The latest generation of PET scannersis now capable of distinguishingdifferences in some smaller brainregions such as the raphe and amygdala.Using fMRI, studies in largersamples may provide definitive answersregarding cerebral blood flow differencesbetween PTSD subjects andcontrols. MRI studies may also focuson brain volume comparisons, revealingpossible structural abnormalities (i.e., atrophy) in brain regions associatedwith PTSD.

Ultimately, neuronal circuits are notindependently operating mechanisms,with each translating into one specificbehavioral phenomenon. Rather, theywork in conjunction with multiple pathwaysand neurotransmitter systems.Thus, utilizing various neuroimagingtechniques is useful in identifyingregions of altered activity and maycontribute to understanding the underlyingpathophysiology of PTSD.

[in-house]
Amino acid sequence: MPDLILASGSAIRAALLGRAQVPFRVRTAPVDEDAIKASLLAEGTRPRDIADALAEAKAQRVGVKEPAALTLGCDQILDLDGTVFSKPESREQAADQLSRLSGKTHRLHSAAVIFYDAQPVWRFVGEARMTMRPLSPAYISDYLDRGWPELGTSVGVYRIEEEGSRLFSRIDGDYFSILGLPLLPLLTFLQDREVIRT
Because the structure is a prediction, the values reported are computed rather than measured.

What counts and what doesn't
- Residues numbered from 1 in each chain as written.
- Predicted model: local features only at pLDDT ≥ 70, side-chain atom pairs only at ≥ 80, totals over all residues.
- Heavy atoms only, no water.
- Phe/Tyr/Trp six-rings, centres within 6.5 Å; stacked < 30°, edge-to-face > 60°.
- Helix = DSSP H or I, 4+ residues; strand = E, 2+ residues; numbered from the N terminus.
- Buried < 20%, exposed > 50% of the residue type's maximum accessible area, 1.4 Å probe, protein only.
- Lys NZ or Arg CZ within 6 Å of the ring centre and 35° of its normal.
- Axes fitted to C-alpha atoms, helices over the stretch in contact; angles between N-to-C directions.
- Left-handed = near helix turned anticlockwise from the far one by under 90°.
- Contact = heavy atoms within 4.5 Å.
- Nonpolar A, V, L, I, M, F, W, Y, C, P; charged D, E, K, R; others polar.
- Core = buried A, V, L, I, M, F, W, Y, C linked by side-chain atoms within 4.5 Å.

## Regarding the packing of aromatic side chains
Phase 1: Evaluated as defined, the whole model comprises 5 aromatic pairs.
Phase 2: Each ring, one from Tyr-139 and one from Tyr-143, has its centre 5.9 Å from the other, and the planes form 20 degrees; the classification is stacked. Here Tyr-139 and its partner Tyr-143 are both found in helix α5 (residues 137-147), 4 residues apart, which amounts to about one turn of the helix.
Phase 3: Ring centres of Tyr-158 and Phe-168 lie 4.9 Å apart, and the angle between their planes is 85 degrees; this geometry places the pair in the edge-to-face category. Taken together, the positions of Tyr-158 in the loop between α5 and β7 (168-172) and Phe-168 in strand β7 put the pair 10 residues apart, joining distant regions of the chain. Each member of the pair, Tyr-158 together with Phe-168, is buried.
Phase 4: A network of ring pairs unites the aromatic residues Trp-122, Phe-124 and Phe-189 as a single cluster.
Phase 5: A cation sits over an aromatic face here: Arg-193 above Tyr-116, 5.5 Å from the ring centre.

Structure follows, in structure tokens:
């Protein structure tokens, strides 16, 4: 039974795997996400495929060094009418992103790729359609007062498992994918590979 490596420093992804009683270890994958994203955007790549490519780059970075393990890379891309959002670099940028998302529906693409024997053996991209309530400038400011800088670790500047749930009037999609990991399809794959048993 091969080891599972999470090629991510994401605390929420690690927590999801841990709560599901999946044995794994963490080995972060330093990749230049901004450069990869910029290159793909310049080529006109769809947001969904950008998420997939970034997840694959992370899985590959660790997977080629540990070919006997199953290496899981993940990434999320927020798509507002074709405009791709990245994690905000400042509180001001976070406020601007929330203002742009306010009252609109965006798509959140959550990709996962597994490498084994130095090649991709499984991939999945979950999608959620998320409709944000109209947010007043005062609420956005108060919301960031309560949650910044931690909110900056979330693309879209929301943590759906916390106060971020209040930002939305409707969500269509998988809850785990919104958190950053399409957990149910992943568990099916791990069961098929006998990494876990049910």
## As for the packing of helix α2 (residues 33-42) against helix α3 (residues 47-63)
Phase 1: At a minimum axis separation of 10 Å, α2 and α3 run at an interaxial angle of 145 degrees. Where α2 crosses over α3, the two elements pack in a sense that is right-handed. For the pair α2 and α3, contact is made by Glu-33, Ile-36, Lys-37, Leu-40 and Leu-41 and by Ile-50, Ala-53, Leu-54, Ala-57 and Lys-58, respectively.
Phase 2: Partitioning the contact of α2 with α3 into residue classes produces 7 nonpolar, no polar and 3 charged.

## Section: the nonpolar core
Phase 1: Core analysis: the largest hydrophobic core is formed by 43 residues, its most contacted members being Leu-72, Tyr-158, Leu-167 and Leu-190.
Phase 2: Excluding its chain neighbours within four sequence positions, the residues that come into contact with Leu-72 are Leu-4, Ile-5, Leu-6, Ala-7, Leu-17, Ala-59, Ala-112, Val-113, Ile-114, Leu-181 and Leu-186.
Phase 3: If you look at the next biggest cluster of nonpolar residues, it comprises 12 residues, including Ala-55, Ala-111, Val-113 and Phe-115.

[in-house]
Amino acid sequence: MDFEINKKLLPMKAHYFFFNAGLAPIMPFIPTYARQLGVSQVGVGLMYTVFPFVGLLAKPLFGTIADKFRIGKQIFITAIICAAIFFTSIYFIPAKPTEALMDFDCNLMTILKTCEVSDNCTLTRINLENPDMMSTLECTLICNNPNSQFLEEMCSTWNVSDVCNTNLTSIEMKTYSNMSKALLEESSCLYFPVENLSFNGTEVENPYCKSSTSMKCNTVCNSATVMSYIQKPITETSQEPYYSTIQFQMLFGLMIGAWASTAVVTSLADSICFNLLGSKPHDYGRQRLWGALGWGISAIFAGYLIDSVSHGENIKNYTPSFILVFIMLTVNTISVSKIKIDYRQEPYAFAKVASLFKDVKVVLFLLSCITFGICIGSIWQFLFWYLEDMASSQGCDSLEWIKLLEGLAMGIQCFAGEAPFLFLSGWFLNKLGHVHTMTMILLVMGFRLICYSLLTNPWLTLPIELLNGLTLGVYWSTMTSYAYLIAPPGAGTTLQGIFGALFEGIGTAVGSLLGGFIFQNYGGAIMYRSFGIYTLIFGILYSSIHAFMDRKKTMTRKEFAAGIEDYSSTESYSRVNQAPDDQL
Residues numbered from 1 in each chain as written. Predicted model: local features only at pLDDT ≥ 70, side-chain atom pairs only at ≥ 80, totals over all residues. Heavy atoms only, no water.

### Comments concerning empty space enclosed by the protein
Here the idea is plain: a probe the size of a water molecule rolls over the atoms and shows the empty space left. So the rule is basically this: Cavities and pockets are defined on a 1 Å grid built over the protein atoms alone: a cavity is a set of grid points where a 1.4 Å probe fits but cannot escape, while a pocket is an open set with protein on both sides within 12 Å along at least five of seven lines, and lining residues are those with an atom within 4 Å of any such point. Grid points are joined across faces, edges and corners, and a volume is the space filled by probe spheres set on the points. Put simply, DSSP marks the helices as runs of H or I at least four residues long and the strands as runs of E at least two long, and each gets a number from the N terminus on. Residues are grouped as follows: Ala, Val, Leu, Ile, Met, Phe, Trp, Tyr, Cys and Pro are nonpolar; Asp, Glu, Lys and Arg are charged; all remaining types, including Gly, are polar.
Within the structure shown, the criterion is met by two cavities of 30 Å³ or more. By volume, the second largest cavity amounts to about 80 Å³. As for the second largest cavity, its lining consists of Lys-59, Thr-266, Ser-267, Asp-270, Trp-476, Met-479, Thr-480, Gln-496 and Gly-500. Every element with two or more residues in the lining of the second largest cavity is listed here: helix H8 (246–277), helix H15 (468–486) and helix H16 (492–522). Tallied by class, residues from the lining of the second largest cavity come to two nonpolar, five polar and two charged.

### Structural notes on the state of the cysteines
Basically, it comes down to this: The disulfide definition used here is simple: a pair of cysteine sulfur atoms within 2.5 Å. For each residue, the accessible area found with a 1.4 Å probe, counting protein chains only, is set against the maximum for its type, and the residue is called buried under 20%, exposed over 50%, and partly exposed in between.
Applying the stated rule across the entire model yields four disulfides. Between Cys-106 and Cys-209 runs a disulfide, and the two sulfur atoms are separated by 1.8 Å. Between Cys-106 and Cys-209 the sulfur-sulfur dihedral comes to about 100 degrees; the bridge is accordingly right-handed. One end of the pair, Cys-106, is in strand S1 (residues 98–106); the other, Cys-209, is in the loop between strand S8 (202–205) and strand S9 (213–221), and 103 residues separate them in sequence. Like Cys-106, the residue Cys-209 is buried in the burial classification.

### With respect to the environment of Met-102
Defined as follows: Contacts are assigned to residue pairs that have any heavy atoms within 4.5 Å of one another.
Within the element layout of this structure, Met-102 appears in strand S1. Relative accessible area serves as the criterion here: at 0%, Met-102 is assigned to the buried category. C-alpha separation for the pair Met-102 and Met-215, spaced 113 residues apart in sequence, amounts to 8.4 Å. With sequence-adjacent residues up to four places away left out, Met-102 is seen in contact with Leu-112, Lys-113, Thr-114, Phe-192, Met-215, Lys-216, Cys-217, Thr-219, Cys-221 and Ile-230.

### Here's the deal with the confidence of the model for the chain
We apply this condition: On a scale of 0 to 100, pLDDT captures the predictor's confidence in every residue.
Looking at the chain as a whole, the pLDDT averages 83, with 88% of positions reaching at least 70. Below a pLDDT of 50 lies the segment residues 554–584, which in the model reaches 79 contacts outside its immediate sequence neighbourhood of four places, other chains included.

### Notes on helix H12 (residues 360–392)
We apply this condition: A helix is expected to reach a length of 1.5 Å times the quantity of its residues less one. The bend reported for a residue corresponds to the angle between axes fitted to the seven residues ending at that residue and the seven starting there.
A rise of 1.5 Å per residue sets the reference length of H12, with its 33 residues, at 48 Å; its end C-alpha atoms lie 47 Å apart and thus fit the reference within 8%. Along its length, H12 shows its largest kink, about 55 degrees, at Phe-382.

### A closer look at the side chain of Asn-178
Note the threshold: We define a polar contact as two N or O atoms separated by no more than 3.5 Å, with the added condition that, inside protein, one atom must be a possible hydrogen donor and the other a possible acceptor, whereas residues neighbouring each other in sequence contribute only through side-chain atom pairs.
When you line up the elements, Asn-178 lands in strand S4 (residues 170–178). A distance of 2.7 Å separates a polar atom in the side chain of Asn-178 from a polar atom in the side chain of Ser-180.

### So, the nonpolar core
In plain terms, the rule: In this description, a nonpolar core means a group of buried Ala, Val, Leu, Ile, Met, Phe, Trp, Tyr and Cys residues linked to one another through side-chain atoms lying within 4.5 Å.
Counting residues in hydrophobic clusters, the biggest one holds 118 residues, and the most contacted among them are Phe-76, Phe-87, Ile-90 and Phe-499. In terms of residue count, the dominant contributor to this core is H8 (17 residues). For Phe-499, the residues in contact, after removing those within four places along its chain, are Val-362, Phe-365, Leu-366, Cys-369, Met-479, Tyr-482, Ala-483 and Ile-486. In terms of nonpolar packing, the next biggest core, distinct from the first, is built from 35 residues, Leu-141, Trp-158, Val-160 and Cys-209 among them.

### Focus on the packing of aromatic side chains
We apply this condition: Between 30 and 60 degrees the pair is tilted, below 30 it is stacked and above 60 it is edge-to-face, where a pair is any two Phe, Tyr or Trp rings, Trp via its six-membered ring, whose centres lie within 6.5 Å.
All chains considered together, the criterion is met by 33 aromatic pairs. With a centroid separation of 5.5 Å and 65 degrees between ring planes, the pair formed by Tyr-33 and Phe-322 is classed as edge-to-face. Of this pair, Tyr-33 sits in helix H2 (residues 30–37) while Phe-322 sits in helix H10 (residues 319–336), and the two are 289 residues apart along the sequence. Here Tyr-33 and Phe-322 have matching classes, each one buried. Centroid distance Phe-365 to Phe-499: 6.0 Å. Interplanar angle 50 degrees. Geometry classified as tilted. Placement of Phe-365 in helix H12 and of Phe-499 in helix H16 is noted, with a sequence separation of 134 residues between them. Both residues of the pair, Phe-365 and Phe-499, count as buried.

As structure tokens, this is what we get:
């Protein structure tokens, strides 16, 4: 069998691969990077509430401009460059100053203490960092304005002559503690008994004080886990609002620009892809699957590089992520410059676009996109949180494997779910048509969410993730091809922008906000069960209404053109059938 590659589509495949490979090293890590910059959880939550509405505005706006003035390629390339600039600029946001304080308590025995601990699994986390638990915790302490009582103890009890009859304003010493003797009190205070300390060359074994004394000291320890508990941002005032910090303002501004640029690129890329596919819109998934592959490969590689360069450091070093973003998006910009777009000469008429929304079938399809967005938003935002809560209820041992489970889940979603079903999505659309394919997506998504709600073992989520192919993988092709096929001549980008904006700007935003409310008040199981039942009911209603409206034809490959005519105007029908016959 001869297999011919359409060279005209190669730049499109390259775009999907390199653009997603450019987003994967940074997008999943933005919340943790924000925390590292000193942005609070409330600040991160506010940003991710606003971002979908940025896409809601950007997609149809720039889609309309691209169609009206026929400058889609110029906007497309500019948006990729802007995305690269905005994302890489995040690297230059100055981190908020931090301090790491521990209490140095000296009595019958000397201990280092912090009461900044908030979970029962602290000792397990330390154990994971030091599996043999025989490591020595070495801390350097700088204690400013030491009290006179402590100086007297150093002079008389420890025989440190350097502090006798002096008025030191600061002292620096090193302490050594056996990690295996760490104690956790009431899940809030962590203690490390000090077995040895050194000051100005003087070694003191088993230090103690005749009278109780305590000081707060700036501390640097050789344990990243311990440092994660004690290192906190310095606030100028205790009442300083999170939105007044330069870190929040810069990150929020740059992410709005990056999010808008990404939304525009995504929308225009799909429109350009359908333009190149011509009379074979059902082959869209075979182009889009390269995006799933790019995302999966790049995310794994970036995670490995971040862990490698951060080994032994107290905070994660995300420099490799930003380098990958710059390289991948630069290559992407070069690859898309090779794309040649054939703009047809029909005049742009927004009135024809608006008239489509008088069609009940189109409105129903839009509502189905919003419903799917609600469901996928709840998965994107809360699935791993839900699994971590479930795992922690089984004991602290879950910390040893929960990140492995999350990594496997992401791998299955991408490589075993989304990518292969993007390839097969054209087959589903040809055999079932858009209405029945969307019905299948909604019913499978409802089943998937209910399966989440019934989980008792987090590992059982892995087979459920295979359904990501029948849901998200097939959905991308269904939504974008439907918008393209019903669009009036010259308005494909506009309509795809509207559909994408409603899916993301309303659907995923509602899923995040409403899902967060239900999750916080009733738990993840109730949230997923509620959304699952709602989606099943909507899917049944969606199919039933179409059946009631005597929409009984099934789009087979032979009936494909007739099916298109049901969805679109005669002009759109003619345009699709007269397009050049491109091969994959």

Serotonergic mechanismsin PTSD

Different types of acute stress result inincreased 5-HT turnover in the medialprefrontal cortex (mPFC), nucleus accumbens,amygdala and lateral hypothalamusin experimental animals (Inoueet al., 1994). However, exposure to repeated stress within a learned-helplessnessmodel resulted in a decrease of5-HT release in the frontal cortex (possiblyreflecting 5-HT depletion by continuedrelease).

Pretreatment with benzodiazepinereceptor agonists or tricyclic antidepressantdrugs prevents the behavioralsyndrome of learned helplessness andreduces 5-HT release. Treatment withantidepressants such as selective 5-HTreuptake inhibitors, and infusion of 5-HTinto the frontal cortex reverses the behavioralpattern (Petty et al., 1997). Correspondingly,administration of 5-HTreceptor antagonists produces behavioraldeficits resembling those of learnedhelplessness (Petty et al., 1997).